Self-Consciousness contains a preliminary discussion of 'Life' and 'Desire', followed by two subsections: "Independent and Dependent Self-Consciousness: Lordship and Bondage" and "Freedom of Self-Consciousness: Stoicism, Skepticism, and the Unhappy Consciousness." Notable is the presence of the discussion of the dialectic of the lord and bondsman.


Reason is divided into three chapters: "Observing Reason," "Actualization of Self-Consciousness," and "Individuality Real In and For Itself."

Geist (Spirit)

Spirit is divided into three chapters: "The Ethical Order," "Culture," and "Morality."
Now, because the systematic statement of the mind’s experience embraces merely its ways of appearing, it may well seem that the advance from that to the science of ultimate truth in the form of truth is merely negative; and we might readily be content to dispense with the negative process as something altogether false, and might ask to be taken straight to the truth at once: why meddle with what is false at all?
The point formerly raised, that we should have begun with science at once, may be answered here by considering the character of negativity in general regarded as something false.
The usual ideas on this subject particularly obstruct the approach to the truth.
The consideration of this point will give us an opportunity to speak about mathematical knowledge, which non-philosophical knowledge looks upon as the ideal which philosophy ought to try to attain, but has so far striven in vain to reach.
Truth and falsehood as commonly understood belong to those sharply defined ideas which claim a completely fixed nature of their own, one standing in solid isolation on this side, the other on that, without any community between them.
Against that view it must be pointed out, that truth is not like stamped coin that is issued ready from the mint and so can be taken up and used.
Nor, again, is there something false, any more than there is something evil.
Evil and falsehood are indeed not so bad as the devil, for in the form of the devil they get the length of being particular subjects; qua false and evil they are merely universals, though they have a nature of their own with reference to one another.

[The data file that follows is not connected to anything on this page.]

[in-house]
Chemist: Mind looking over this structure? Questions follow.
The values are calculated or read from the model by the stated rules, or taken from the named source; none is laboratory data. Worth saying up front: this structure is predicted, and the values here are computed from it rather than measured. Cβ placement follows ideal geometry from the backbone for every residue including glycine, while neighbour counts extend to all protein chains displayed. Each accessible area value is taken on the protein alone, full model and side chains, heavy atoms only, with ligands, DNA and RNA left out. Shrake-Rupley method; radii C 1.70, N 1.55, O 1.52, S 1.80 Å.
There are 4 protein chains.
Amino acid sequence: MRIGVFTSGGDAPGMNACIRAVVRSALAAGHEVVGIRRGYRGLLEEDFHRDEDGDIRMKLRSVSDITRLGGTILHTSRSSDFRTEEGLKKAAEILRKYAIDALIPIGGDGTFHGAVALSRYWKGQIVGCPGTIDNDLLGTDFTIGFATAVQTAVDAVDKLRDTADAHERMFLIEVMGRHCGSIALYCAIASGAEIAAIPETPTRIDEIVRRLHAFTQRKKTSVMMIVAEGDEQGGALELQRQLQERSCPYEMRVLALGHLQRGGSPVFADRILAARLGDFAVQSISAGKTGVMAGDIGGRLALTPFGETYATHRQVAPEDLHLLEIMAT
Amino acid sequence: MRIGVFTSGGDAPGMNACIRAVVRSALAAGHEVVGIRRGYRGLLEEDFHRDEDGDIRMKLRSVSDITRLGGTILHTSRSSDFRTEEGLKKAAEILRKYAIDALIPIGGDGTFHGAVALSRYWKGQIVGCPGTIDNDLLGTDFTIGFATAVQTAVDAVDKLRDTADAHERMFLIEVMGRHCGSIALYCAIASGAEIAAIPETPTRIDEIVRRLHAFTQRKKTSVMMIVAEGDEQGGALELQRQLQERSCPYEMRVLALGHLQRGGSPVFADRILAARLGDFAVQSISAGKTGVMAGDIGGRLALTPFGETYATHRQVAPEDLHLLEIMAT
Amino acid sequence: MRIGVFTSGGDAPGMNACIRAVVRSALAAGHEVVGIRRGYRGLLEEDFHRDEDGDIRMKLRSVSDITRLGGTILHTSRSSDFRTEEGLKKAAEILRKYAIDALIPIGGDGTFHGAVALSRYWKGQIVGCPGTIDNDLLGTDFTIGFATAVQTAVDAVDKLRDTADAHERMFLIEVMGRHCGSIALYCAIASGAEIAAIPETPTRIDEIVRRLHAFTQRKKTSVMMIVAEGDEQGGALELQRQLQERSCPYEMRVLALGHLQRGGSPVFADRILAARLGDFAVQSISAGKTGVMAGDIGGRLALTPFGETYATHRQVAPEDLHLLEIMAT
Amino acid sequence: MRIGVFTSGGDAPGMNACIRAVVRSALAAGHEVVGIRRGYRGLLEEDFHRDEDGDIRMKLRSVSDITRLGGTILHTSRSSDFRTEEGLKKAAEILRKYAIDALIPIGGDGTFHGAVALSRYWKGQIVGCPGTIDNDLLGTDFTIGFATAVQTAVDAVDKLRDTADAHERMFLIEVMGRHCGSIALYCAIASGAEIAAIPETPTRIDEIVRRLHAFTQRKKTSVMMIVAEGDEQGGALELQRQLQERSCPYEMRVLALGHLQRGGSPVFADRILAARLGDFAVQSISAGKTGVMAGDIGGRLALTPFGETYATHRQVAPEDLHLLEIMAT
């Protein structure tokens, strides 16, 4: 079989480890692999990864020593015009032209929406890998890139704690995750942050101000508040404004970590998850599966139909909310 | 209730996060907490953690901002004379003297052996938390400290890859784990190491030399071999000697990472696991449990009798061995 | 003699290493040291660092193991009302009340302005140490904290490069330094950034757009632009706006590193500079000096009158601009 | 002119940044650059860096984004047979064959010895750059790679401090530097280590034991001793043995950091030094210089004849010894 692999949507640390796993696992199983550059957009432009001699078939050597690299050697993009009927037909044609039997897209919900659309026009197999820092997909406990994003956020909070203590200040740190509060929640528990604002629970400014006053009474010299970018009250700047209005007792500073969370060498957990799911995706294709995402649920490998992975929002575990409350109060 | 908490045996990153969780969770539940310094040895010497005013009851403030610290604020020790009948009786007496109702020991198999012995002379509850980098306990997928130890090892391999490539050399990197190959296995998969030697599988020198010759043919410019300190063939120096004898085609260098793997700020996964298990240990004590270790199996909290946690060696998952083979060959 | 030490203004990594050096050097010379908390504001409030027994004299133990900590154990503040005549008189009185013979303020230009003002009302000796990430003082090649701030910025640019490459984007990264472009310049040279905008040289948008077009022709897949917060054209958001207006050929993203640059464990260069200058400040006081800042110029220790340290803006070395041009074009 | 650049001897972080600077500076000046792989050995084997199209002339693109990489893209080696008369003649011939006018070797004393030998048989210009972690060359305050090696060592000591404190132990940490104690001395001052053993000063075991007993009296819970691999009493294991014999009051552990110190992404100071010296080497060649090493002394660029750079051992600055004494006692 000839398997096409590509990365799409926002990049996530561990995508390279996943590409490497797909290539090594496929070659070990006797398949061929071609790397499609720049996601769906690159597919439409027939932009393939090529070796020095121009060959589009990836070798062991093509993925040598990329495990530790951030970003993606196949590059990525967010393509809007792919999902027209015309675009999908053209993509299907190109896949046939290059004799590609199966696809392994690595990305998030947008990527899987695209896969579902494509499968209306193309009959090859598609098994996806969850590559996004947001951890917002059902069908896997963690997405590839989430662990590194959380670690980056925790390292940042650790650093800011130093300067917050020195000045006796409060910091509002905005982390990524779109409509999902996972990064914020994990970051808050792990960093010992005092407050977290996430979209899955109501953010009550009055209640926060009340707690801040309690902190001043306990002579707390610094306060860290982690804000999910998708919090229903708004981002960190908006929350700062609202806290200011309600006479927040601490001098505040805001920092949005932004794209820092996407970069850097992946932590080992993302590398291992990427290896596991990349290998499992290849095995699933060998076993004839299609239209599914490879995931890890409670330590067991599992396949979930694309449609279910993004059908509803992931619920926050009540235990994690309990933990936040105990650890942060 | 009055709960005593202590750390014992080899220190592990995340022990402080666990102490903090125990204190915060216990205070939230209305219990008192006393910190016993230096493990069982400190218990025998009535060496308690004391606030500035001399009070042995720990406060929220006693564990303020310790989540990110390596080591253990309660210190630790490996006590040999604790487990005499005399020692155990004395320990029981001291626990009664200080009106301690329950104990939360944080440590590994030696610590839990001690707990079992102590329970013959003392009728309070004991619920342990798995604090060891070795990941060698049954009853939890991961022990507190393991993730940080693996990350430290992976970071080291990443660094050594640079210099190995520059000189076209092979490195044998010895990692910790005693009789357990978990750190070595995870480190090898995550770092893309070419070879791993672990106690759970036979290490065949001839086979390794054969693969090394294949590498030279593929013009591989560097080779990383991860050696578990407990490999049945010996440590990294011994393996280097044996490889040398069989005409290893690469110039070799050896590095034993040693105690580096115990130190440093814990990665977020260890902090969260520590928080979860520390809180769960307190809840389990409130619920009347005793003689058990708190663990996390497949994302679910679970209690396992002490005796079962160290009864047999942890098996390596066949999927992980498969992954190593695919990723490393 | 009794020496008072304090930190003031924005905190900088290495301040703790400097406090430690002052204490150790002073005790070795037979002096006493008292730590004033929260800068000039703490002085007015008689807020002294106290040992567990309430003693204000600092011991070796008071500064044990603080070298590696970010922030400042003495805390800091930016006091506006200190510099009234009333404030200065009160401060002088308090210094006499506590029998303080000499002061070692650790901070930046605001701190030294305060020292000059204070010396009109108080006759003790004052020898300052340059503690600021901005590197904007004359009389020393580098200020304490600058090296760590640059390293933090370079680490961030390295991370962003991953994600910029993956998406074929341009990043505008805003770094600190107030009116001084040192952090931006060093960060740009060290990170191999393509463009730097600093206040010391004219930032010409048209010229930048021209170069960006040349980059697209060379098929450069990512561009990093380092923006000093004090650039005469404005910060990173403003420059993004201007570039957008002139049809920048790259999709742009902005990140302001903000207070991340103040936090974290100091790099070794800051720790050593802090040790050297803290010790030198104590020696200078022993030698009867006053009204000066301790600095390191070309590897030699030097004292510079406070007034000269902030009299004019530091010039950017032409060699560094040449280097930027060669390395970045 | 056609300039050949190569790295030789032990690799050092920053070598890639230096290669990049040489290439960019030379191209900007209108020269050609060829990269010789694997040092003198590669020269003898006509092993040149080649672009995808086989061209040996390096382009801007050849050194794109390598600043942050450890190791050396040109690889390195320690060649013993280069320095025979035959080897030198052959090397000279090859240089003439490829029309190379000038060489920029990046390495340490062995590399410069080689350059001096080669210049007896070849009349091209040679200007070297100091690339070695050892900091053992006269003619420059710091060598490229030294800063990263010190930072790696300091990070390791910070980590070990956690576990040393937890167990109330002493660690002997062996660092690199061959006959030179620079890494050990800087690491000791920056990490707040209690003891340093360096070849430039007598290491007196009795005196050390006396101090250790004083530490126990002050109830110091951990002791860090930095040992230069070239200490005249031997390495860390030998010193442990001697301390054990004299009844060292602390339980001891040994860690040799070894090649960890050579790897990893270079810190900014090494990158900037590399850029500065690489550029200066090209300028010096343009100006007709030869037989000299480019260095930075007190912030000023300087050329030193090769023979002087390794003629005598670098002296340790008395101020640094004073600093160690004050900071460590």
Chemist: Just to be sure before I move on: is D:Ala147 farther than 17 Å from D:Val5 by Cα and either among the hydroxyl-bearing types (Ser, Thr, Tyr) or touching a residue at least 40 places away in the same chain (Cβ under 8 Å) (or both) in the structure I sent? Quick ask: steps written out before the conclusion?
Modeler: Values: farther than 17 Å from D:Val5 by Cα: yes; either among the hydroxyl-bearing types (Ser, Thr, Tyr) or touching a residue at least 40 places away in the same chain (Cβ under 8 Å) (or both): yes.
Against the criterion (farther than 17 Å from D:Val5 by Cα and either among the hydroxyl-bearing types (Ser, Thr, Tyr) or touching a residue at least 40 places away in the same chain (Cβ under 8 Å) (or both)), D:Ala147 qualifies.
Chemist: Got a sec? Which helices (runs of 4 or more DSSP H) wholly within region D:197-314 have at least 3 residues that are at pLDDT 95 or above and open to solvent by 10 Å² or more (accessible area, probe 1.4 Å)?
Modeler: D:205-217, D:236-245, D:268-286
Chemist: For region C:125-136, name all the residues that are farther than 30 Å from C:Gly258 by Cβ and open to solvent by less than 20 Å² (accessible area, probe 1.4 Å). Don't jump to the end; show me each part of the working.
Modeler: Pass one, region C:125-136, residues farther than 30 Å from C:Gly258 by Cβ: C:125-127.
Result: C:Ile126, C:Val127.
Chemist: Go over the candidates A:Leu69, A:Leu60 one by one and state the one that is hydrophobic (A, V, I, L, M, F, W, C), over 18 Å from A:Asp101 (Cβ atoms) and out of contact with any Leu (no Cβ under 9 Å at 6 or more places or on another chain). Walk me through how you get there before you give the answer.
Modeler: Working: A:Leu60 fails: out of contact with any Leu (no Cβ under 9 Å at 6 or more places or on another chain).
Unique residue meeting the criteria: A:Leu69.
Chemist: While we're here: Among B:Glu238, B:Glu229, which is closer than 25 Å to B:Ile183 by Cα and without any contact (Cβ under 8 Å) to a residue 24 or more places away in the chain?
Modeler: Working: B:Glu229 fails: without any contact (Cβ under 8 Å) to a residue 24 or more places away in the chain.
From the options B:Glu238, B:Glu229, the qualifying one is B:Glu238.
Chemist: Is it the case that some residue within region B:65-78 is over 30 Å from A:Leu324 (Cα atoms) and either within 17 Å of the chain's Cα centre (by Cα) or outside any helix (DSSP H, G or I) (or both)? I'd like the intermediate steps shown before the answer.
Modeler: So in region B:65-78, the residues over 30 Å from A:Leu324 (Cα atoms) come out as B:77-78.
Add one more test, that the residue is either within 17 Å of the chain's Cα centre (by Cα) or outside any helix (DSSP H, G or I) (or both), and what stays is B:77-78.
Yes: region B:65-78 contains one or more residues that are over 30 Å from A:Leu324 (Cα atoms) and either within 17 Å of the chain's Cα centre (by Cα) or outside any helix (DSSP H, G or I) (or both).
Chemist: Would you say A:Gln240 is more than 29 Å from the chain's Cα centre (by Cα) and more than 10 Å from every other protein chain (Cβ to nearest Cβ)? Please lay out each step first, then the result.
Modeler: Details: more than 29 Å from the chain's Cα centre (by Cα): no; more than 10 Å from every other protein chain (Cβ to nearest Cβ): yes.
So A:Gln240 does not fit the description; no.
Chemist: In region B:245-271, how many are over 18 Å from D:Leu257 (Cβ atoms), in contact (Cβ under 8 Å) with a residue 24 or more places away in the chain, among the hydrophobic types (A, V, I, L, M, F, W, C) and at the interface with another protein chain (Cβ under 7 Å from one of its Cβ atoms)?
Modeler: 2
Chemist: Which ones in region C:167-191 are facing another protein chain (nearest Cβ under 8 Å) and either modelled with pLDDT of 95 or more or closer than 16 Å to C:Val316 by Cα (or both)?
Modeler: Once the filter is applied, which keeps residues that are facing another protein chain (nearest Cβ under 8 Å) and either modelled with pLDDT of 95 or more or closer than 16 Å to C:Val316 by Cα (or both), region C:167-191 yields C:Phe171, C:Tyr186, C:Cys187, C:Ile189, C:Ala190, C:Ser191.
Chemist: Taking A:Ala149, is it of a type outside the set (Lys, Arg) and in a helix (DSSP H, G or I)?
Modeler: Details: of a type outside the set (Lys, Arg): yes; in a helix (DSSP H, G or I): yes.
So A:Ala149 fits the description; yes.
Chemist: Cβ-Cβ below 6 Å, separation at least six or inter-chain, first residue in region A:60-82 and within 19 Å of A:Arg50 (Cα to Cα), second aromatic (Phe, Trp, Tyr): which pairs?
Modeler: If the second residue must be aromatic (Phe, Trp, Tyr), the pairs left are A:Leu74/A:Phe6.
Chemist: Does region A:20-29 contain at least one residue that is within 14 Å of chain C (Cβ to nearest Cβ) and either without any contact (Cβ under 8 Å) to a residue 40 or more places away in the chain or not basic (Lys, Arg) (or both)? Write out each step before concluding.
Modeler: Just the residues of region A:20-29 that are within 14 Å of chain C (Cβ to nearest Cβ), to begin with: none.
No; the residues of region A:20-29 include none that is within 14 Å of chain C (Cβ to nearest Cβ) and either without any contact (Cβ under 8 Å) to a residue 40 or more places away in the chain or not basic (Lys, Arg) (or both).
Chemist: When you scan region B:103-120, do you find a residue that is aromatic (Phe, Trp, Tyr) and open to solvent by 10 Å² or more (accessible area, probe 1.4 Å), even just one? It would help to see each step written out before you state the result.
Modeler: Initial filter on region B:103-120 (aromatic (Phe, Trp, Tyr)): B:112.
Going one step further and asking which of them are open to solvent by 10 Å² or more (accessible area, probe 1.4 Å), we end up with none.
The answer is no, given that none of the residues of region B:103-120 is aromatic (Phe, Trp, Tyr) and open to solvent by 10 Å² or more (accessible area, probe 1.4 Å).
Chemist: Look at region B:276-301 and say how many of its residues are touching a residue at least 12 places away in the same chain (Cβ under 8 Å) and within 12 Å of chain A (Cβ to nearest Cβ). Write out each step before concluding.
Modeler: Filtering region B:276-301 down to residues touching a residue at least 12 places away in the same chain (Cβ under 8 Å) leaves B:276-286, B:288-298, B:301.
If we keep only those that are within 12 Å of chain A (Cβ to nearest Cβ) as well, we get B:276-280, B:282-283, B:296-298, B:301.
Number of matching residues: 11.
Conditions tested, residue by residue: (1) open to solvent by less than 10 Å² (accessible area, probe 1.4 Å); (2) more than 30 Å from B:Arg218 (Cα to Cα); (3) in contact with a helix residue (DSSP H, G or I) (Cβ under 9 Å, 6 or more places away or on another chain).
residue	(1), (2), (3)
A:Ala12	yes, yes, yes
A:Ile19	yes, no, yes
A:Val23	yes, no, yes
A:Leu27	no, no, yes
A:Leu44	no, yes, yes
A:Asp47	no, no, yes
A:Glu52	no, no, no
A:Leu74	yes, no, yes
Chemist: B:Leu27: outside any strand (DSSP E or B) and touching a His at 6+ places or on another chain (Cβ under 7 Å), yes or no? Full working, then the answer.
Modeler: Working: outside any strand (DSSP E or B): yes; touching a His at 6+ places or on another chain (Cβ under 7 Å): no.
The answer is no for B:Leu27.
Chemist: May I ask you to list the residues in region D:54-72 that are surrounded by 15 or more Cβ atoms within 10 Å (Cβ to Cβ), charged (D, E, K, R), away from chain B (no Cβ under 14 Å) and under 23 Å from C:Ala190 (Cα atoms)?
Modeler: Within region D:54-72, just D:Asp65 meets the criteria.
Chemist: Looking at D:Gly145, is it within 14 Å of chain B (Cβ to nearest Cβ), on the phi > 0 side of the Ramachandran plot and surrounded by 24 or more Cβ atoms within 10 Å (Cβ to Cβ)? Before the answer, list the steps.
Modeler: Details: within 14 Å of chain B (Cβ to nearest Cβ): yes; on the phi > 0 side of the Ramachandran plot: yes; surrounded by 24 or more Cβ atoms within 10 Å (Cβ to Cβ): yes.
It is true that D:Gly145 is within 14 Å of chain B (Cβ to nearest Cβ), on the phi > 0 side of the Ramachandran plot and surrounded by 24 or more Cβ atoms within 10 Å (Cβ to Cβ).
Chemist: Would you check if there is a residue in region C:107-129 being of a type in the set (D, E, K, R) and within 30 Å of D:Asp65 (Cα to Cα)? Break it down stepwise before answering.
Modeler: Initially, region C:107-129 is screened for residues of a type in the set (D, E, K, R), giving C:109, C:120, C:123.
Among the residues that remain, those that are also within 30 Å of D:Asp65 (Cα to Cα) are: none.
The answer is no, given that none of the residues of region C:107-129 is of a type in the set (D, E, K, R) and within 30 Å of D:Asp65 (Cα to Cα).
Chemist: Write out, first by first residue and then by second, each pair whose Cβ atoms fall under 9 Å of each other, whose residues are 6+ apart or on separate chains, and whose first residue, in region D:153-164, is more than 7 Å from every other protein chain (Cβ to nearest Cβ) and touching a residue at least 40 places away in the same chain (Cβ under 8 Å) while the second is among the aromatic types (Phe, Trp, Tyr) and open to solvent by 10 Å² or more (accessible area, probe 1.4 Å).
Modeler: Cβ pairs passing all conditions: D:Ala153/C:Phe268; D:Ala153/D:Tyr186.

Falsity (that is what we are dealing with here) would be otherness, the negative aspect of the substance, which [substance], qua content of knowledge, is truth.
But the substance is itself essentially the negative element, partly as involving distinction and determination of content, partly as being a process of distinguishing pure and simple, i.e. as being self and knowledge in general. Doubtless we can know in a way that is false.
To know something falsely means that knowledge is not adequate to, is not on equal terms with, its substance.
Yet this very dissimilarity is the process of distinction in general, the essential moment in knowing.
It is, in fact, out of this active distinction that its harmonious unity arises, and this identity, when arrived at, is truth.
But it is not truth in a sense which would involve the rejection of the discordance, the diversity, like dross from pure metal; nor, again, does truth remain detached from diversity, like a finished article from the instrument that shapes it.
Difference itself continues to be an immediate element within truth as such, in the form of the principle of negation, in the form of the activity of Self.

'Geist' is a German word and depending on context it can be translated as the English words mind, spirit, or ghost, covering the semantic field of these three English nouns.
Some English translators resort to using "spirit/mind" or "spirit (mind)" to help convey the meaning of the term.
Analogous terms in other languages include the Greek word πνεύμα (pneuma), the Latin animus and anima, the French esprit, however, geist is a German word that can never be satisfactorily translated.
Geist is a central concept in Hegel's The Phenomenology of Spirit (Phänomenologie des Geistes).

According to Hegel, the Weltgeist ("World Spirit") is not an actual thing one might come upon or a God-like thing beyond, but a means of philosophizing about history.